Although far less well known than Caesar’s conquest of Gaul (58–51 BC), the exploits of Pompey in the eastern Mediterranean were more significant in the expansion of Rome. Pompey initially went to the east in 67 BC as part of his campaign against pirates who were infesting the Mediterranean. Having crushed the pirates in just three months, in 66 BC Pompey succeeded to the command against the long-term enemy of Rome, Mithradates VI of Pontus. Again quickly victorious, Pompey then became the first Roman to lead an army to the Euphrates river.

In his so-called ‘settlement of the east’ (a modern term which obscures the expansionist nature of his activities), Pompey established two new Roman provinces (Syria and Bithynia-Pontus), vastly expanded a third (Cilicia), and conducted diplomacy that turned numerous local rulers into clients of Rome. It has been estimated that his ‘settlement’ more than doubled the annual income of the Roman empire.

Pompey. (Photo by Universal History Archive/Getty Images)
Pompey. (Photo by Universal History Archive/Getty Images)

31 BC–AD 14: Augustus reintroduces monarchy to Rome

The expansion of the empire destroyed the Roman Republic. Institutions designed for a small city-state could not rule a world empire. Above all, vast military campaigns required generals who commanded armies over wide territories for several years. By the last century BC, these generals would lead their armies against Rome and each other.

After a welter of civil wars, Augustus emerged the victor, boasting that he had restored the Republic. However, with overriding military authority and the right to make law, he had in effect reintroduced one-man rule, and become Rome’s first emperor. Augustus spent years experimenting with his constitutional position – his aim was neither to ‘hide’ his sole rule, nor to create a joint rule between himself and the senate, but to find a blend of offices and powers that would allow the touchy pride of Roman senators to serve his new regime. The balance he hit upon has to be considered one of the most successful political settlements in history, as it remained the legal basis of every emperor’s reign for three centuries.

Marble bust of Emperor Caligula. (DEA / A. DAGLI ORTI/De Agostini/Getty Images)

AD 235–284: the third century crisis

In the 50 years between AD 235 and 284, the Roman empire suffered chronic political and military instability. Amid endemic civil wars and defeats at the hands of barbarians, emperors came and went with bewildering rapidity. The average reign was no more than 18 months, and many survived for much shorter periods.

Three factors brought about the crisis. In the east, repeated Roman attacks had undermined the Arsacid dynasty of Parthia, who were consequently overthrown by the far more aggressive power of the Sassanid Persians. In the north, beyond the Rhine and the Danube, Roman trade and diplomacy had encouraged the formation of large and dangerous barbarian confederations, including the Franks, Alamanni, and Goths.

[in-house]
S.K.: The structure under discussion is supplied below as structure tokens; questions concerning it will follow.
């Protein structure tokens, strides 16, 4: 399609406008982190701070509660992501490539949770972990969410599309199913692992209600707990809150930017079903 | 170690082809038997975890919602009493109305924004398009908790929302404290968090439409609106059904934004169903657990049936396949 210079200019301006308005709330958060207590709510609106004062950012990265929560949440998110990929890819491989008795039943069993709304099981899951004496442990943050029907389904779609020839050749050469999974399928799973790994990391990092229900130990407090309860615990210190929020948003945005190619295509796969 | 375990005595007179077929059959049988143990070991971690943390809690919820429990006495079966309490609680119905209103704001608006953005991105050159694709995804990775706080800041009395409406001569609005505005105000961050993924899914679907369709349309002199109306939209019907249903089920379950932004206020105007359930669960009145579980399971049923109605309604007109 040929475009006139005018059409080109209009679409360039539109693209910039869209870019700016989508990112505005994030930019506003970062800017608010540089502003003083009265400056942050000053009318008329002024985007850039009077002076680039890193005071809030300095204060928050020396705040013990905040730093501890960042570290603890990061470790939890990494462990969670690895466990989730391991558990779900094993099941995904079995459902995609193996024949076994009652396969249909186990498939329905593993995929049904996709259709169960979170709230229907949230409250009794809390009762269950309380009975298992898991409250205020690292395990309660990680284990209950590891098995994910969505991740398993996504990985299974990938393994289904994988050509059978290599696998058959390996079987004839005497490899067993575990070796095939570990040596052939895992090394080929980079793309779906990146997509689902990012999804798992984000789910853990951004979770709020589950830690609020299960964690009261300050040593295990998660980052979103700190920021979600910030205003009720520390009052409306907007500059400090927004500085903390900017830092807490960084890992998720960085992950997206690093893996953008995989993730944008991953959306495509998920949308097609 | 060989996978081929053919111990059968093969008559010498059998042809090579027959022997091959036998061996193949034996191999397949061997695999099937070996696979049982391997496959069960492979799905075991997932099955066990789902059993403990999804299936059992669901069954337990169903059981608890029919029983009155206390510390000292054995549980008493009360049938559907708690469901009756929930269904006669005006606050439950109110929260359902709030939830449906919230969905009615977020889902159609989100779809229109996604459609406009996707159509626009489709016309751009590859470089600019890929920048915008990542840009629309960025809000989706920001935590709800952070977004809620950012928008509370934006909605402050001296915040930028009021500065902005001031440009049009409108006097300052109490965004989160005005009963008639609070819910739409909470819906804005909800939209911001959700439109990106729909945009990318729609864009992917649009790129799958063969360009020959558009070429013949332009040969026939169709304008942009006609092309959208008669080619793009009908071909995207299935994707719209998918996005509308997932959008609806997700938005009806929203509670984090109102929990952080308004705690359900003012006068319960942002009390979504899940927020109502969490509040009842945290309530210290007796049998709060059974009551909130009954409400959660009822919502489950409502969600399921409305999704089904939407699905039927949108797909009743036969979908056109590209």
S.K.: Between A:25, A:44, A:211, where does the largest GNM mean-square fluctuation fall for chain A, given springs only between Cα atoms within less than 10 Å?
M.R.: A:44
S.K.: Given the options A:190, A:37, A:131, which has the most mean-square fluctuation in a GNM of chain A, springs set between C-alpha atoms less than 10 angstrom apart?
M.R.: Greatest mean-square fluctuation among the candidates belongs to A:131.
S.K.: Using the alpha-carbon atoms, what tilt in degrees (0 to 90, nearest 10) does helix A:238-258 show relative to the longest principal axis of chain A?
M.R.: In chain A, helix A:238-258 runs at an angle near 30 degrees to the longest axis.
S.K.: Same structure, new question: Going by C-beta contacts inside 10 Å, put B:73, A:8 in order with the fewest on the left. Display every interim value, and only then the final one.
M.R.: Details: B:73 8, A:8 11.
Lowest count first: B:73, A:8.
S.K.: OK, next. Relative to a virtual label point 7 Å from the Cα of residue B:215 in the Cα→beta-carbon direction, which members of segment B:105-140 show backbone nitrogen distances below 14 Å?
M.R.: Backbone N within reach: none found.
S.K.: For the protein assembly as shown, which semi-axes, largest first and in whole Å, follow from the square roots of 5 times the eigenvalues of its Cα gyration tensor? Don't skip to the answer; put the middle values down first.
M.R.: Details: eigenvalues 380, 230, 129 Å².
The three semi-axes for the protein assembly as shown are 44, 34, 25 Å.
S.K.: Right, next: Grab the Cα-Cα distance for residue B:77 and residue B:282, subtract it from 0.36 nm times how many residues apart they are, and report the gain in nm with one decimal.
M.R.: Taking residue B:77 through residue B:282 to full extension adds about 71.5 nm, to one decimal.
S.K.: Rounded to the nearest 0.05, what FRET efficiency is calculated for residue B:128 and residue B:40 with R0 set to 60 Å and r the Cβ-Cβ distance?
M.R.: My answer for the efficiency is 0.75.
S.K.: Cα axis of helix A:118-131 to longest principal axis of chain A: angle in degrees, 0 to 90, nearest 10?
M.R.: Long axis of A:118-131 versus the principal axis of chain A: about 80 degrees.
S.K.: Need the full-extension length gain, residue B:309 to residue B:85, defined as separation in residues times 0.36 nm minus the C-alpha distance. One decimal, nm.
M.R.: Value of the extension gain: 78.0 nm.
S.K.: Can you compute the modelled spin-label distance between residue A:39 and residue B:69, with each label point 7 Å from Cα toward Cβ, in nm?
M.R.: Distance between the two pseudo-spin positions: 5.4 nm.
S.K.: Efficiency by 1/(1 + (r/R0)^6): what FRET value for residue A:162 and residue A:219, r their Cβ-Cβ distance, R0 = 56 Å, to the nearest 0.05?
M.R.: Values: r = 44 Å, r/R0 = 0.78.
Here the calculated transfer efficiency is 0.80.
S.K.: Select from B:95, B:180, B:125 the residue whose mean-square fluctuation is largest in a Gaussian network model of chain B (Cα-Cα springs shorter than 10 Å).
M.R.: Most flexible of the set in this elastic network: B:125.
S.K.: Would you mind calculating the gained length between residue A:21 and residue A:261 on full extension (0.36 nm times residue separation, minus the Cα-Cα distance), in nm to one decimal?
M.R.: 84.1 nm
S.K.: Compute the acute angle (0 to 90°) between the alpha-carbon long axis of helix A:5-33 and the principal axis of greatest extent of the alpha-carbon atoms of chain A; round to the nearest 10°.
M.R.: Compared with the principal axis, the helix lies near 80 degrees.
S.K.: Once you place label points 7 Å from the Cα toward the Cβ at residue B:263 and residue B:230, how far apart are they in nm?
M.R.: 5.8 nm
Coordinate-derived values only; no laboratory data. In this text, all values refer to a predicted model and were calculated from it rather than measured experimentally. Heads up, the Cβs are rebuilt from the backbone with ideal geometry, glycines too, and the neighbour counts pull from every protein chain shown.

The final factor was the monopolisation of military glory by the emperor. A major war called for an emperor. If the emperor could not or would not campaign in person on a frontier and one of his generals was successful, the latter would sometimes be proclaimed emperor by his troops, perhaps even against his will. The resulting civil war stripped troops from the frontier, encouraging further barbarian attacks, and opening up the possibility of another local commander being elevated to claim the throne. This vicious circle was finally halted, and the empire given breathing space, by the emperor Diocletian (r284–305). He created the tetrarchy: a ‘college’ of four rulers, one for each of the major frontiers, and one in reserve.

Diocletian. (Photo by ullstein bild via Getty Images)
Diocletian. (Photo by ullstein bild via Getty Images)

AD 312: Constantine converts to Christianity

At the battle of the Milvian Bridge in AD 312, the emperor Constantine sent his troops into combat with crosses painted on their shields. By the end of his life, he claimed that before the battle he had experienced a vision in which he was given the divine command: “in this sign conquer”. Constantine’s conversion to Christianity had a profound effect on European, and world, history.

Although Christianity was still a minority religion in the reign of Constantine, two events in the third-century crisis had brought the faith into unexpected prominence. Christians had been persecuted from the earliest days of the religion. Yet, with the exception of Nero seeking scapegoats for the great fire of Rome in AD 64, emperors had not sponsored this persecution.

In AD 249, in the face of mounting troubles and seeking to restore divine favour to Rome, the emperor Decius ordered all his subjects to sacrifice to the pagan gods. Later, in AD 257 and 258 the emperor Valerian issued edicts explicitly commanding Christians to return to the traditional gods. The fate of these two imperial persecutors gave a huge boost to Christianity.

Fighting the Goths in AD 250, Decius became the first Roman emperor to die in battle against the barbarians. In AD 260, Valerian was captured alive by the Sassanid Persians, the only emperor ever to suffer such a misfortune. Christians exulted in the vengeance taken by their God, and pagans were given reason to think about the power of the deity of this previously obscure sect.

Constantine I, also known as Constantine the Great, was the first Roman emperor to profess Christianity. (Hulton Archive/Getty Images)
Constantine I, also known as Constantine the Great, was the first Roman emperor to profess Christianity. (Hulton Archive/Getty Images)

AD 410: The fall of Rome

In AD 410 the Goths sacked the city of Rome. Sixty-six years later Romulus Augustulus (the ‘Little Emperor’) was deposed, and the Roman empire in the west was at an end.

It has been estimated that more than 200 modern explanations have been put forward to explain the fall of Rome. These range from the rise of Christian monks and clergy (so many unproductive mouths to feed) to impotence brought on by too many hot baths.

In recent times, some scholars have argued that Rome’s collapse was a process of accommodation and compromise between the Romans and the various barbarian peoples. Others, more convincingly, have reiterated the violence, destruction and horror of its downfall. Such vibrant debates underpin the perennial fascination of this world-changing event.

Harry Sidebottom is a lecturer in ancient history at Lincoln College, Oxford, and author of the Warrior of Rome and Throne of the Caesars series of novels.


This article was first published by HistoryExtra in November 2016.